The Museum at New York’s Fashion Institute of Technology has given Mexico City prominence in its exhibition on the top emerging fashion capitals, which opens on 2 June. “Fashion from Mexico is new and exciting,” says co-curator Ariele Elia. “They are using the culture from the indigenous tribes in a way that’s not been seen before.”
One example is Ricardo Seco, who uses the vibrant colours, mystical patterns and ancient beading techniques of the 15,000-year-old Wixárika tribe from the mountains of central Mexico on everything from neoprene bomber jackets to skateboards. “I want to show the cool Mexico with pieces you can wear on the street,” says Seco, who is among many Mexican designers who capitalise on the country’s diverse culture, mixing old and new. Inspired by the landscape, Alejandra Quesada often clashes floral and fauna prints for her modern maxi dresses, sweatshirts and more, while Francesco Cancino of Yakampot adapts indigenous shawls and Tzotzil tribal craft processes for his minimalist slouchy silhouettes.
For Mexico’s fashionistas, stereotypical pieces like the rebozo scarf are eschewed, and so are western takes on Mexican design. “It’s too kitsch,” says Brenda Díaz de la Vega, editor-in-chief of Harper’s Bazaar México and Latin America, who in the last two years has doubled the number of local designers in Harper’s Bazaar México. Instead, she says, stylish Mexicans mix a few local designers with big logo, big brand pieces by Chanel, Louis Vuitton or Hermès. Then there’s the current 70s boho chic look à la Navajo tribe. “It doesn’t work in Mexico, because it is too close to the northern view,” says Belén Limón, head of content at the three-year-old e-store Dafiti, with its 400 national and international brands. “Instead we go for the southern tropical colours and fabrics from Oaxaca,” she says.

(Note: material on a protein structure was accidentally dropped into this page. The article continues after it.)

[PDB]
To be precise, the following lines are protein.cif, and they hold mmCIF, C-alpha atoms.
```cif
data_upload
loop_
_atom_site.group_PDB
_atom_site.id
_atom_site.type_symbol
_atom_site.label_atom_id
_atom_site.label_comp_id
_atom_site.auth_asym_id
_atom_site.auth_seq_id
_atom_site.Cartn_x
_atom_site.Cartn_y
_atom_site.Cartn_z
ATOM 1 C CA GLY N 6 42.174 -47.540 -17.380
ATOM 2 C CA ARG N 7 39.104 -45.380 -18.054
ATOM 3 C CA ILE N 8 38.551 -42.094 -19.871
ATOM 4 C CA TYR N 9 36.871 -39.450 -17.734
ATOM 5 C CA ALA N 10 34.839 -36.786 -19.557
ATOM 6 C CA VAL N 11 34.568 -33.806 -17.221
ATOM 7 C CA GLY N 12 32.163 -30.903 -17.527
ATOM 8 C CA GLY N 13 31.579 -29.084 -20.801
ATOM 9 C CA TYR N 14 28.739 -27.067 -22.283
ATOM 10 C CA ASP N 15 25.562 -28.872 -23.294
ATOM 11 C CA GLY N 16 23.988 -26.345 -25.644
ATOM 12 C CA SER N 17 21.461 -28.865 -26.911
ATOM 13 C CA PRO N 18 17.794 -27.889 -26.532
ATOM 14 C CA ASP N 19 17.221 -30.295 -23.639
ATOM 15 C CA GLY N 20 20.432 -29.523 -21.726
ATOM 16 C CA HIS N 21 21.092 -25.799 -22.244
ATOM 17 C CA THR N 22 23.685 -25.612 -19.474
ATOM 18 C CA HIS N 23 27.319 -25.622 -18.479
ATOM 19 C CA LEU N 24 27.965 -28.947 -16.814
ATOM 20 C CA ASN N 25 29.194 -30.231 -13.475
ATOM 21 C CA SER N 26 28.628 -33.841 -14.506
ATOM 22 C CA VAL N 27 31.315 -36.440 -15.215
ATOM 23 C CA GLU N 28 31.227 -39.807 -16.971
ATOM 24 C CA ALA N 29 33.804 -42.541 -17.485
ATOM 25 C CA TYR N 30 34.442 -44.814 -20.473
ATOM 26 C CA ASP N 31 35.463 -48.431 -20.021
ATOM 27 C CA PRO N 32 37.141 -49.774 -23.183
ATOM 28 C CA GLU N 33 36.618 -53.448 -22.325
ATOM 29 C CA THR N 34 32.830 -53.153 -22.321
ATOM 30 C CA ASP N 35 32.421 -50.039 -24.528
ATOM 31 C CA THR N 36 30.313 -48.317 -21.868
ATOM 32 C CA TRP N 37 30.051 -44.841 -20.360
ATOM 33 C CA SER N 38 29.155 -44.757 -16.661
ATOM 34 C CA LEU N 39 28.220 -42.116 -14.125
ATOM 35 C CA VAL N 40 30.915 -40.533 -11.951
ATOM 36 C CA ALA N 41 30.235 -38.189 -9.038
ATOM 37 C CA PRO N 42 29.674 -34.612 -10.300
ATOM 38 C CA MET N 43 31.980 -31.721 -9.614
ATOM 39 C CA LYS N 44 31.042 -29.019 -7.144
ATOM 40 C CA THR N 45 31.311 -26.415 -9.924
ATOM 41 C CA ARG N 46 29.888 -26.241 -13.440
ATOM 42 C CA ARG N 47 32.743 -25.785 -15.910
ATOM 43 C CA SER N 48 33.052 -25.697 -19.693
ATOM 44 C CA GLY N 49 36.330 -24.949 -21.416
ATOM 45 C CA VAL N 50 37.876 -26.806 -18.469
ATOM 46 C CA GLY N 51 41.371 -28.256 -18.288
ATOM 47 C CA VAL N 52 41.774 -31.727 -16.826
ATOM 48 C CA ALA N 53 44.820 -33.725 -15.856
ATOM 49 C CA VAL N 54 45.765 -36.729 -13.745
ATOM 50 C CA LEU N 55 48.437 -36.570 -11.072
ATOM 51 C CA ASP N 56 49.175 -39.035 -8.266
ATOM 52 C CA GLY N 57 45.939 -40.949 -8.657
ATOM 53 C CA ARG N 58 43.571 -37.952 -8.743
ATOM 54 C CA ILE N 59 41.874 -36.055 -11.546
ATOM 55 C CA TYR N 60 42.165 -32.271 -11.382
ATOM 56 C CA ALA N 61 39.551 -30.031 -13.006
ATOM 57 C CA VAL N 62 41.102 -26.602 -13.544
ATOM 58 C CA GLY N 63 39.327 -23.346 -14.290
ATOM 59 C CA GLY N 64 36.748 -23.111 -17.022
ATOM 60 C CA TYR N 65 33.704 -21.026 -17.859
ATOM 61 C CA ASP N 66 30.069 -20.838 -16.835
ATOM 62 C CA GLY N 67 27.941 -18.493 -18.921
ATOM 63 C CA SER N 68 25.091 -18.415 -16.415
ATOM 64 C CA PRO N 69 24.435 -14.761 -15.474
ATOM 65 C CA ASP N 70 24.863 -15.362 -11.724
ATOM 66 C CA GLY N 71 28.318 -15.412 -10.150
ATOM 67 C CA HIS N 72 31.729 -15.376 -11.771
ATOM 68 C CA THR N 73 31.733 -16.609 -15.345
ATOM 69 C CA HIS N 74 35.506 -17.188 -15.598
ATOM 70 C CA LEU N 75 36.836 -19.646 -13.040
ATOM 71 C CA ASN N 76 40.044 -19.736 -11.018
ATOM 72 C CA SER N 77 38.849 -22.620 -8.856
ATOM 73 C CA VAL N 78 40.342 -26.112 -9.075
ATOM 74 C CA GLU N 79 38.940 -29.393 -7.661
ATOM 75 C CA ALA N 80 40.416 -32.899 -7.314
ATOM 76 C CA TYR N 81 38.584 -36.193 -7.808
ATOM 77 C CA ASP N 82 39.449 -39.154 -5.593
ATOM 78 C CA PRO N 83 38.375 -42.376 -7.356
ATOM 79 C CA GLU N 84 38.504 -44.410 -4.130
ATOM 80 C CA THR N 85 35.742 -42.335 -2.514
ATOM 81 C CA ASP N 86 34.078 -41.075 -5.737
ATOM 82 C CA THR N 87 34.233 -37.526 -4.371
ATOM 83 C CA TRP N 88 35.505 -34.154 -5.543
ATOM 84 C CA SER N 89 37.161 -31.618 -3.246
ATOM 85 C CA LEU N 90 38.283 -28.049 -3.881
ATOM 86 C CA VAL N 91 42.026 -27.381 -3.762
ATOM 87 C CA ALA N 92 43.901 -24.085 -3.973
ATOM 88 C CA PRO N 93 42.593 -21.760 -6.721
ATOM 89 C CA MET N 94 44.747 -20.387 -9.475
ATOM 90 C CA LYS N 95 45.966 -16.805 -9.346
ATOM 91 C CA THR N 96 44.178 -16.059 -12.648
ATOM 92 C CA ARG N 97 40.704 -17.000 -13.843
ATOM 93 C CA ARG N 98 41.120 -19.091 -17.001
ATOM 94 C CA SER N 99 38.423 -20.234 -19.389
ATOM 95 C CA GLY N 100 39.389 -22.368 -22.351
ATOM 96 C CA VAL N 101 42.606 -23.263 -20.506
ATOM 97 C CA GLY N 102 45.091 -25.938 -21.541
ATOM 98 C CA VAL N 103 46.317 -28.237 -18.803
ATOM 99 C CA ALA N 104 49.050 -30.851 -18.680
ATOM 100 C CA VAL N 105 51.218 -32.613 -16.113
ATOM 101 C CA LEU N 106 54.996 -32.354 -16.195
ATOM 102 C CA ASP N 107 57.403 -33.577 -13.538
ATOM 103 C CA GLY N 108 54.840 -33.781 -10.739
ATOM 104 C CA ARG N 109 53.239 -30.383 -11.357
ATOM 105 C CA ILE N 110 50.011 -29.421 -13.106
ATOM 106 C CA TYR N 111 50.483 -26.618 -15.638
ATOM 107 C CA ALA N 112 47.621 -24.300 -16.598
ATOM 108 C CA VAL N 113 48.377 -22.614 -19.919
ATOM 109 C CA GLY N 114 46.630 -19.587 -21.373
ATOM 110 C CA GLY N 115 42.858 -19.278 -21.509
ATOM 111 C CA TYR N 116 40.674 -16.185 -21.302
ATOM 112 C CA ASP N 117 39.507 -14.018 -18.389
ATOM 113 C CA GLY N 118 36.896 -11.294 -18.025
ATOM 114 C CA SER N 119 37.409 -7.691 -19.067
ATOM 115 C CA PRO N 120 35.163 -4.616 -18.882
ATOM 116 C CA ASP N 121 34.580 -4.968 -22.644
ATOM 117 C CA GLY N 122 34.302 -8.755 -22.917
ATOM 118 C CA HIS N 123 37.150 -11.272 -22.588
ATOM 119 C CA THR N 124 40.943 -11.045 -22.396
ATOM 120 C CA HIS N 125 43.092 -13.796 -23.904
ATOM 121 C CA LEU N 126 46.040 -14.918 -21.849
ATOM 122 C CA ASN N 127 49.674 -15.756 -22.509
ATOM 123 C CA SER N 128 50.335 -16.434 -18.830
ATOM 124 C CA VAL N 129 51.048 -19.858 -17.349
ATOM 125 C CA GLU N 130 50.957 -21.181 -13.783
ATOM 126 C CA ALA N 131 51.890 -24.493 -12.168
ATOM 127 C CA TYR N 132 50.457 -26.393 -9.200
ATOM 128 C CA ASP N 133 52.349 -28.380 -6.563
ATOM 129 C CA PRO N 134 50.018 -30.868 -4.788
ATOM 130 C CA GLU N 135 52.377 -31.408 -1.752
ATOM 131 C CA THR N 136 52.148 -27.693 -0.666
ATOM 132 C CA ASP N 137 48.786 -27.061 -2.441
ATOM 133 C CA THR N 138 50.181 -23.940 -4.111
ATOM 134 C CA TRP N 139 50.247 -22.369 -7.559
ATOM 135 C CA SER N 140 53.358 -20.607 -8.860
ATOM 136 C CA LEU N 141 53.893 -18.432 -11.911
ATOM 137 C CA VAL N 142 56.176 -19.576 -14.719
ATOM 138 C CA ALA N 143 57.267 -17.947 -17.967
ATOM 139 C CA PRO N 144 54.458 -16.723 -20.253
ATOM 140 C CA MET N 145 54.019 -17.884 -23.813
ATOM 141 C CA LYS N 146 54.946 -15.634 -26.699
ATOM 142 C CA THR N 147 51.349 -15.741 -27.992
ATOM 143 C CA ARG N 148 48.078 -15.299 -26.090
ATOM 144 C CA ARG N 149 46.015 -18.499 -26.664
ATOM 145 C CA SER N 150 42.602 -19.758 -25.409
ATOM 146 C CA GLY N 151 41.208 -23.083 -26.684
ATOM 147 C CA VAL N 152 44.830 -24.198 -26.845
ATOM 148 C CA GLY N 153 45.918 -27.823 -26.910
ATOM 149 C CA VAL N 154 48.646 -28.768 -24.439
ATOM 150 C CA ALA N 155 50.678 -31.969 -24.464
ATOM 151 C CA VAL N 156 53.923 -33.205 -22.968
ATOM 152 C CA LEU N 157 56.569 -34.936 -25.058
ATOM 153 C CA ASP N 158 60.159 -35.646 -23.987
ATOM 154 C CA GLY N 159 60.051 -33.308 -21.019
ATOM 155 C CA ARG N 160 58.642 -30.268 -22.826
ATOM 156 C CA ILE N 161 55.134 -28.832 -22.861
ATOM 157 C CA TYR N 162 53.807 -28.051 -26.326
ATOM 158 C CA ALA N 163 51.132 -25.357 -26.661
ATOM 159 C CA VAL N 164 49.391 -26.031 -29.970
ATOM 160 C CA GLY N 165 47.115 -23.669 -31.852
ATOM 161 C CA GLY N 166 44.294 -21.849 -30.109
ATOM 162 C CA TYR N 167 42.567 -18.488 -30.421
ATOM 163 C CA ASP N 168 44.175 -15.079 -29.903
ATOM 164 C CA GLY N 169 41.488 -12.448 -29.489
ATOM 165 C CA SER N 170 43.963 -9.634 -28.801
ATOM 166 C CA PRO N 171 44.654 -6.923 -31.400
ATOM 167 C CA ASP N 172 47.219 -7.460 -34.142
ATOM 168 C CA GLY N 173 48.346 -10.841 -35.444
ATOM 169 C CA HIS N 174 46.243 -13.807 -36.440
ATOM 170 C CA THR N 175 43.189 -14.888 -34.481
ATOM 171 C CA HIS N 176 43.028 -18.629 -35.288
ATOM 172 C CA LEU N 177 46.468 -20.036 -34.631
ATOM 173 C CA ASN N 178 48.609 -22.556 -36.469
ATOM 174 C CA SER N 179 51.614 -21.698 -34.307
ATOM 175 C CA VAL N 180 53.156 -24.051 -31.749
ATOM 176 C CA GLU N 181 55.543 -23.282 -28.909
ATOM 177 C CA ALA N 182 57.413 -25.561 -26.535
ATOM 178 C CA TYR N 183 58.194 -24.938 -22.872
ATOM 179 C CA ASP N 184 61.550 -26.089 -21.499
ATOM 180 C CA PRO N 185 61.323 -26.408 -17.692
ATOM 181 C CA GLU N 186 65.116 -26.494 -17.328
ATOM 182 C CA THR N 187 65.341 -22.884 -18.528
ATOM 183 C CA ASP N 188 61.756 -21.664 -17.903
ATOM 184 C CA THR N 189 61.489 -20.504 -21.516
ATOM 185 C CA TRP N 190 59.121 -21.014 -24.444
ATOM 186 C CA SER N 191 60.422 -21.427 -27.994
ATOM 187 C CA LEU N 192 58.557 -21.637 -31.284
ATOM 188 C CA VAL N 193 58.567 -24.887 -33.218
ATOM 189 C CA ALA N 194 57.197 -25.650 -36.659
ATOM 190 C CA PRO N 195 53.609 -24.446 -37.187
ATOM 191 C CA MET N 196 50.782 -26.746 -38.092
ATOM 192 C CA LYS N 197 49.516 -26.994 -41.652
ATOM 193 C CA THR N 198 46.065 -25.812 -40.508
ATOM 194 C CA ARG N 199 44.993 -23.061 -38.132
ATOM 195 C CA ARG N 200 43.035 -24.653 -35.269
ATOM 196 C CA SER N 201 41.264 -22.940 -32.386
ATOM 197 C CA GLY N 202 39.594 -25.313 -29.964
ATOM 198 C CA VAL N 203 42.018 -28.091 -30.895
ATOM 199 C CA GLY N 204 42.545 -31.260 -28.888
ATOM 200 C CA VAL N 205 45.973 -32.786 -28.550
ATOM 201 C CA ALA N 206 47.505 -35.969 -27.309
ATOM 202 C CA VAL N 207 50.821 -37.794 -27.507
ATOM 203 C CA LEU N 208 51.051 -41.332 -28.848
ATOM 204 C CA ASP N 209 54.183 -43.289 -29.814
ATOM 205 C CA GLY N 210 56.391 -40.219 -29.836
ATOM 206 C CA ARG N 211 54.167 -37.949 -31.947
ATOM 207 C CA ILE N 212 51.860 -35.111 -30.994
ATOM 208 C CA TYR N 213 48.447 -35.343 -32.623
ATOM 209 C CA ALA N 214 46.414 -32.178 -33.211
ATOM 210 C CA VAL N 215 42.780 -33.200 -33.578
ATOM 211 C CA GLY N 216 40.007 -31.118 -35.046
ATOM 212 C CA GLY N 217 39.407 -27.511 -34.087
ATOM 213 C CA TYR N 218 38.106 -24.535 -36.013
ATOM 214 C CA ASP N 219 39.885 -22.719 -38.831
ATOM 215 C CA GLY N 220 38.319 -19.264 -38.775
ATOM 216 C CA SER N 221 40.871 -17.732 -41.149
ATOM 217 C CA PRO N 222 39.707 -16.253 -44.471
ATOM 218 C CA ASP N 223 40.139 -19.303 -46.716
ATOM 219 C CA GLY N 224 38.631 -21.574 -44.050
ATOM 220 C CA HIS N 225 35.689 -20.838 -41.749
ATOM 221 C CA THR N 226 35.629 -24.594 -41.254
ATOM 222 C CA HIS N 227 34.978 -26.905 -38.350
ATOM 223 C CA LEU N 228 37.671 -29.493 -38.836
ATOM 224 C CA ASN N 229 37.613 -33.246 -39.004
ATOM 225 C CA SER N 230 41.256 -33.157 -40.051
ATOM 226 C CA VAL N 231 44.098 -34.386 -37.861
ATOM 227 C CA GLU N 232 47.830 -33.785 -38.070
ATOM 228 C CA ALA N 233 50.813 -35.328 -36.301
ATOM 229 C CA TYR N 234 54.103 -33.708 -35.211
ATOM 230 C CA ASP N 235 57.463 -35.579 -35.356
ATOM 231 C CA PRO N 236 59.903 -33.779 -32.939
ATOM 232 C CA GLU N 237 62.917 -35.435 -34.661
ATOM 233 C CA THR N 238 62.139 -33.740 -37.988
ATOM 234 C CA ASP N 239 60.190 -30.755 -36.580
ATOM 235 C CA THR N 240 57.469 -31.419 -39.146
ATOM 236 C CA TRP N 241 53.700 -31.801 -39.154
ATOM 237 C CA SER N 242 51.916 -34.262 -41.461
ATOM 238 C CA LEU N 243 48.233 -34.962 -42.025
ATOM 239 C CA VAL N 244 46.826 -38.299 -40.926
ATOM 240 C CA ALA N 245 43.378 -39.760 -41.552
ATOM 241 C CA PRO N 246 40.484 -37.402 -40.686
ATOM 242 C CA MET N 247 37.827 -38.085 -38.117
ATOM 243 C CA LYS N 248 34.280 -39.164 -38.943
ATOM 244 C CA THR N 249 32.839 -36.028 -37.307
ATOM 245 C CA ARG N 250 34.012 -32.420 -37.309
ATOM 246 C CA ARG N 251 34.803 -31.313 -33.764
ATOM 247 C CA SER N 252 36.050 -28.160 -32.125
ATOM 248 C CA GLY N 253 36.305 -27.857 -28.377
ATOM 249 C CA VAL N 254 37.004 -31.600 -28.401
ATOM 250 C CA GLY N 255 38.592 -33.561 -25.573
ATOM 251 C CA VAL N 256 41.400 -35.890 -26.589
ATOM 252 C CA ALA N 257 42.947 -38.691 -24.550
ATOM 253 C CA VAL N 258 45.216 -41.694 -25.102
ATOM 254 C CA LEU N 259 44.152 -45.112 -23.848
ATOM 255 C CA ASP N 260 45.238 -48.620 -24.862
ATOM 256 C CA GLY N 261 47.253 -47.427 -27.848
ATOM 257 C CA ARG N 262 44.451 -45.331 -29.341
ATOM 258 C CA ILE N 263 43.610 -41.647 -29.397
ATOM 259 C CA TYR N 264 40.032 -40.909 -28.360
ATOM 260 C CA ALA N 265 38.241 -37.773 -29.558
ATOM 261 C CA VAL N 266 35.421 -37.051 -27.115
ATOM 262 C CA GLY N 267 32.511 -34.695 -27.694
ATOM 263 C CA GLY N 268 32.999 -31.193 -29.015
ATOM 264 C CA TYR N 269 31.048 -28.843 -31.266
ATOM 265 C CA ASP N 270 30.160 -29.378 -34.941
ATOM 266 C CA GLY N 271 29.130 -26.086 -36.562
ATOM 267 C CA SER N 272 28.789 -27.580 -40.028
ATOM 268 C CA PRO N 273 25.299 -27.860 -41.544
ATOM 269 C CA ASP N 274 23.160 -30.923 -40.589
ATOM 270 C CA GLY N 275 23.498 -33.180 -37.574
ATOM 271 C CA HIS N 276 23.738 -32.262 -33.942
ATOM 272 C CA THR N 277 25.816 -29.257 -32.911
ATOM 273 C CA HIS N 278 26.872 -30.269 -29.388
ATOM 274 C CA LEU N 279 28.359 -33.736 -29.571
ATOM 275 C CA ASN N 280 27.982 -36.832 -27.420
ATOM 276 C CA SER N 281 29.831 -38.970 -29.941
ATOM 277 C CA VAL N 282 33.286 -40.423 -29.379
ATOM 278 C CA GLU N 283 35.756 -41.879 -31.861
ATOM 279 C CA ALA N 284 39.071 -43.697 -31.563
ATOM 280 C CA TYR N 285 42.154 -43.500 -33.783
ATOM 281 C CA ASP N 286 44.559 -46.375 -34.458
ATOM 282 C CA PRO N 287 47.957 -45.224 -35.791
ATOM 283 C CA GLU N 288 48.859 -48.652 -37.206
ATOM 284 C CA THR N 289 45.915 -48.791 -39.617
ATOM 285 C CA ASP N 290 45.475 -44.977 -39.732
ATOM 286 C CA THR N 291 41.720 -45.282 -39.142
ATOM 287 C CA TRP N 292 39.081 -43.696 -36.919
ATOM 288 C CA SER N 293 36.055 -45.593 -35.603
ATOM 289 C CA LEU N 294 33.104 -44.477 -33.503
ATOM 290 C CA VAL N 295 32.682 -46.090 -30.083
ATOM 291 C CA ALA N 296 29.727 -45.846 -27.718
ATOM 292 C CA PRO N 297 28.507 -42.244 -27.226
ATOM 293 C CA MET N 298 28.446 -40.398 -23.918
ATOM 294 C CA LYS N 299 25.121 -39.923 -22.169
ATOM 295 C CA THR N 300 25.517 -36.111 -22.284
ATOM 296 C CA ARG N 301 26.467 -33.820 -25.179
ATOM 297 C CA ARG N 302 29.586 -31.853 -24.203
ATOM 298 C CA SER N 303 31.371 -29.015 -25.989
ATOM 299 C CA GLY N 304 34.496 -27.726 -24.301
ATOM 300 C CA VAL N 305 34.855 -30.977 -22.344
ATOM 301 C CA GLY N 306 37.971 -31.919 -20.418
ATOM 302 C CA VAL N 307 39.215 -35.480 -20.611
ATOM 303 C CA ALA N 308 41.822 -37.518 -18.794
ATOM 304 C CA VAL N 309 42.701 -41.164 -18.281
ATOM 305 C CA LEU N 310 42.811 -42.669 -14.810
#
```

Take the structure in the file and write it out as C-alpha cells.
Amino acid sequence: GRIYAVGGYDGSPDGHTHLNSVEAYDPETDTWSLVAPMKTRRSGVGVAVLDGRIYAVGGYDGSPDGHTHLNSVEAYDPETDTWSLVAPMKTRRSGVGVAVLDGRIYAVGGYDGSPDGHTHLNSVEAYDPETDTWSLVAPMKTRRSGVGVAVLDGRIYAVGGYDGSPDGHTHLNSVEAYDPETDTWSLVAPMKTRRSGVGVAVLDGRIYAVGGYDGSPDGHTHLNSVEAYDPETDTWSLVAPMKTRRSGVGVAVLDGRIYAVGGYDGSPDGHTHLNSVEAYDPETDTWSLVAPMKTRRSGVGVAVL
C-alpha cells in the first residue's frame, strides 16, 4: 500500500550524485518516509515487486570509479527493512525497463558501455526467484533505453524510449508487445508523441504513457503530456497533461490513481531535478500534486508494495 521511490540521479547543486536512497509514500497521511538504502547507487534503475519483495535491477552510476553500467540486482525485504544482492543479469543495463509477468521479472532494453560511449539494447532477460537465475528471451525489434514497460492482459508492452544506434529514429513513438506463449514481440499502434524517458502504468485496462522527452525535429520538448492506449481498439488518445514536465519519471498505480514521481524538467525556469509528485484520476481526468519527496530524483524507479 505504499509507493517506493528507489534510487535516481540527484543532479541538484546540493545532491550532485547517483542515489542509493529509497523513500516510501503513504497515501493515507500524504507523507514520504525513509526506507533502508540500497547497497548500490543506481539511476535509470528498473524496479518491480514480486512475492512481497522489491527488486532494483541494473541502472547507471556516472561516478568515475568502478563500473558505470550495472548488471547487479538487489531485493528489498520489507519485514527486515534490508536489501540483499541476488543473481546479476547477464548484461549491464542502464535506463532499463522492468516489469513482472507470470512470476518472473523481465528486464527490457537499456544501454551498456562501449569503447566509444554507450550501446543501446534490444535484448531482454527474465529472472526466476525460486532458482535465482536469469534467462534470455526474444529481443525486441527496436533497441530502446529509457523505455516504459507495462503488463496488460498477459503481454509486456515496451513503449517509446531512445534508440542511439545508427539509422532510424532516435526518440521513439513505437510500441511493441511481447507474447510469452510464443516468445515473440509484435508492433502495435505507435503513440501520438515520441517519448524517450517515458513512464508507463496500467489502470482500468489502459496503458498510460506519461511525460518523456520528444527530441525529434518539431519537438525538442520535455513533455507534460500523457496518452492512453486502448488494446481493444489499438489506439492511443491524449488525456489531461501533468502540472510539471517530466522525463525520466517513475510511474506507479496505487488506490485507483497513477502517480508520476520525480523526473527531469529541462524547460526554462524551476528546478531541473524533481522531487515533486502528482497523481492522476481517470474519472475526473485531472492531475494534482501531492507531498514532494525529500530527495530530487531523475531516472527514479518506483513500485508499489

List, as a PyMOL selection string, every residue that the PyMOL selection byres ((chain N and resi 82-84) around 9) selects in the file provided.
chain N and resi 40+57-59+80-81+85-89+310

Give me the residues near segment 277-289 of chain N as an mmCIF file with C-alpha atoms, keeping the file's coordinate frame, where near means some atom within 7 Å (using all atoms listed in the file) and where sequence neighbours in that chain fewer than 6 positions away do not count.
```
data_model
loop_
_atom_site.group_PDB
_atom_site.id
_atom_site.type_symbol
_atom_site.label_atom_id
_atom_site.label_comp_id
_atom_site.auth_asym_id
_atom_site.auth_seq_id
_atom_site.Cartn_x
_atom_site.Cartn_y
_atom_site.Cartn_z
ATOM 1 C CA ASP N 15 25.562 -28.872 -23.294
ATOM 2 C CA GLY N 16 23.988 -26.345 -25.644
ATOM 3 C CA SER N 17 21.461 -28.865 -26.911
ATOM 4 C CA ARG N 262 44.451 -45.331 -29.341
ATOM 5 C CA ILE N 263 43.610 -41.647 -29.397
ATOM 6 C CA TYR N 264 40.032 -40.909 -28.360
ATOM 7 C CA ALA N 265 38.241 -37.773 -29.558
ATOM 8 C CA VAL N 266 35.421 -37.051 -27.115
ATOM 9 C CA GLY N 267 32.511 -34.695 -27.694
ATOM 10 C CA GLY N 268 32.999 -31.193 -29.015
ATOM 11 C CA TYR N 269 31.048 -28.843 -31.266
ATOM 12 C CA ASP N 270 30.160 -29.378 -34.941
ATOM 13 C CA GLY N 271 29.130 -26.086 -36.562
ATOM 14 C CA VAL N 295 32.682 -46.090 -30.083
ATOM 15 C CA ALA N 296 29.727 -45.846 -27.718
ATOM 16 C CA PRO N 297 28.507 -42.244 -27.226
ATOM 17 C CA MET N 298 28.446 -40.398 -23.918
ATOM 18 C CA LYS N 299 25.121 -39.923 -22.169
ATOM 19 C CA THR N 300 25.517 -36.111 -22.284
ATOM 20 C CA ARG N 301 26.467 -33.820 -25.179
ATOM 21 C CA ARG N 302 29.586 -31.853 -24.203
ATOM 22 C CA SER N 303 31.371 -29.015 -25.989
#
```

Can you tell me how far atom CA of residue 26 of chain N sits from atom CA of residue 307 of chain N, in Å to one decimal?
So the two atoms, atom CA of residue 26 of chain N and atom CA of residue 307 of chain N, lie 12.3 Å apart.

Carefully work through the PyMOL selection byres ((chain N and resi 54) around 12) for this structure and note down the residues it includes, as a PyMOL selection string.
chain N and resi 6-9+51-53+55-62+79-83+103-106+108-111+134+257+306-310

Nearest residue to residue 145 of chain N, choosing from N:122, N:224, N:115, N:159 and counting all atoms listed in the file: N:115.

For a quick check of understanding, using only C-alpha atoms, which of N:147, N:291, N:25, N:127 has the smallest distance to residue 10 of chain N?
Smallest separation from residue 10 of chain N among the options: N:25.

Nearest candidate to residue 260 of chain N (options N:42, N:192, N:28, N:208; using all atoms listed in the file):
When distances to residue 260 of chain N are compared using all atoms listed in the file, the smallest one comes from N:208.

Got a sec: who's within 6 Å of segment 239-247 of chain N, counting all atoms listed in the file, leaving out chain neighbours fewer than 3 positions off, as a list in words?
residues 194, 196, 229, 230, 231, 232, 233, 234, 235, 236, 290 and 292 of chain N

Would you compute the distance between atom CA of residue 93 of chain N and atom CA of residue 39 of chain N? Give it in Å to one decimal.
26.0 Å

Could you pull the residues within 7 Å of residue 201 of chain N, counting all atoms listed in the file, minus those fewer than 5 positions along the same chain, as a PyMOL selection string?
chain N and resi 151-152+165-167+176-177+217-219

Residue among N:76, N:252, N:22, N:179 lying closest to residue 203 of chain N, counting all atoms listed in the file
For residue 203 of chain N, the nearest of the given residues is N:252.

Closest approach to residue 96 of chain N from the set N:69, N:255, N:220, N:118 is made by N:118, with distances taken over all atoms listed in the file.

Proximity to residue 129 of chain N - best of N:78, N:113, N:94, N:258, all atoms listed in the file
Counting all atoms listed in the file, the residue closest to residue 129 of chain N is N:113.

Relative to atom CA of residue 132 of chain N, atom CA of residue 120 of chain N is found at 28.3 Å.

Yet there’s more to Mexican design than heritage. Carlos Peralta, based in Iztapalapa, gives his slinky slips and delicate camisoles rock’n’roll metal zips and chains, whereas the Guadalajara-based design duo, Julia and Renata Franco, of Julia y Renata, opt for a pared down aesthetic. Their muted white, black and blues focus attention on innovative design details like balloon-effect side pleats and deliberate ragged finishing. “With no formal fashion structures we are free to do what we want,” says designer Carmen Rion, who works with artisans in Chiapas to create textiles for her bra tops, layered looks and palazzo pants.
As Celia Joicey, director of London’s Fashion and Textile Museum, whose show, Made in Mexico: the Rebozo in art, culture and fashion, is opening in Mexico City’s Museo Franz Mayer on Thursday, concludes: “There’s something incredibly exciting about Mexico now, whether it’s colour or it’s food. And we can better understand the culture through its fashion.”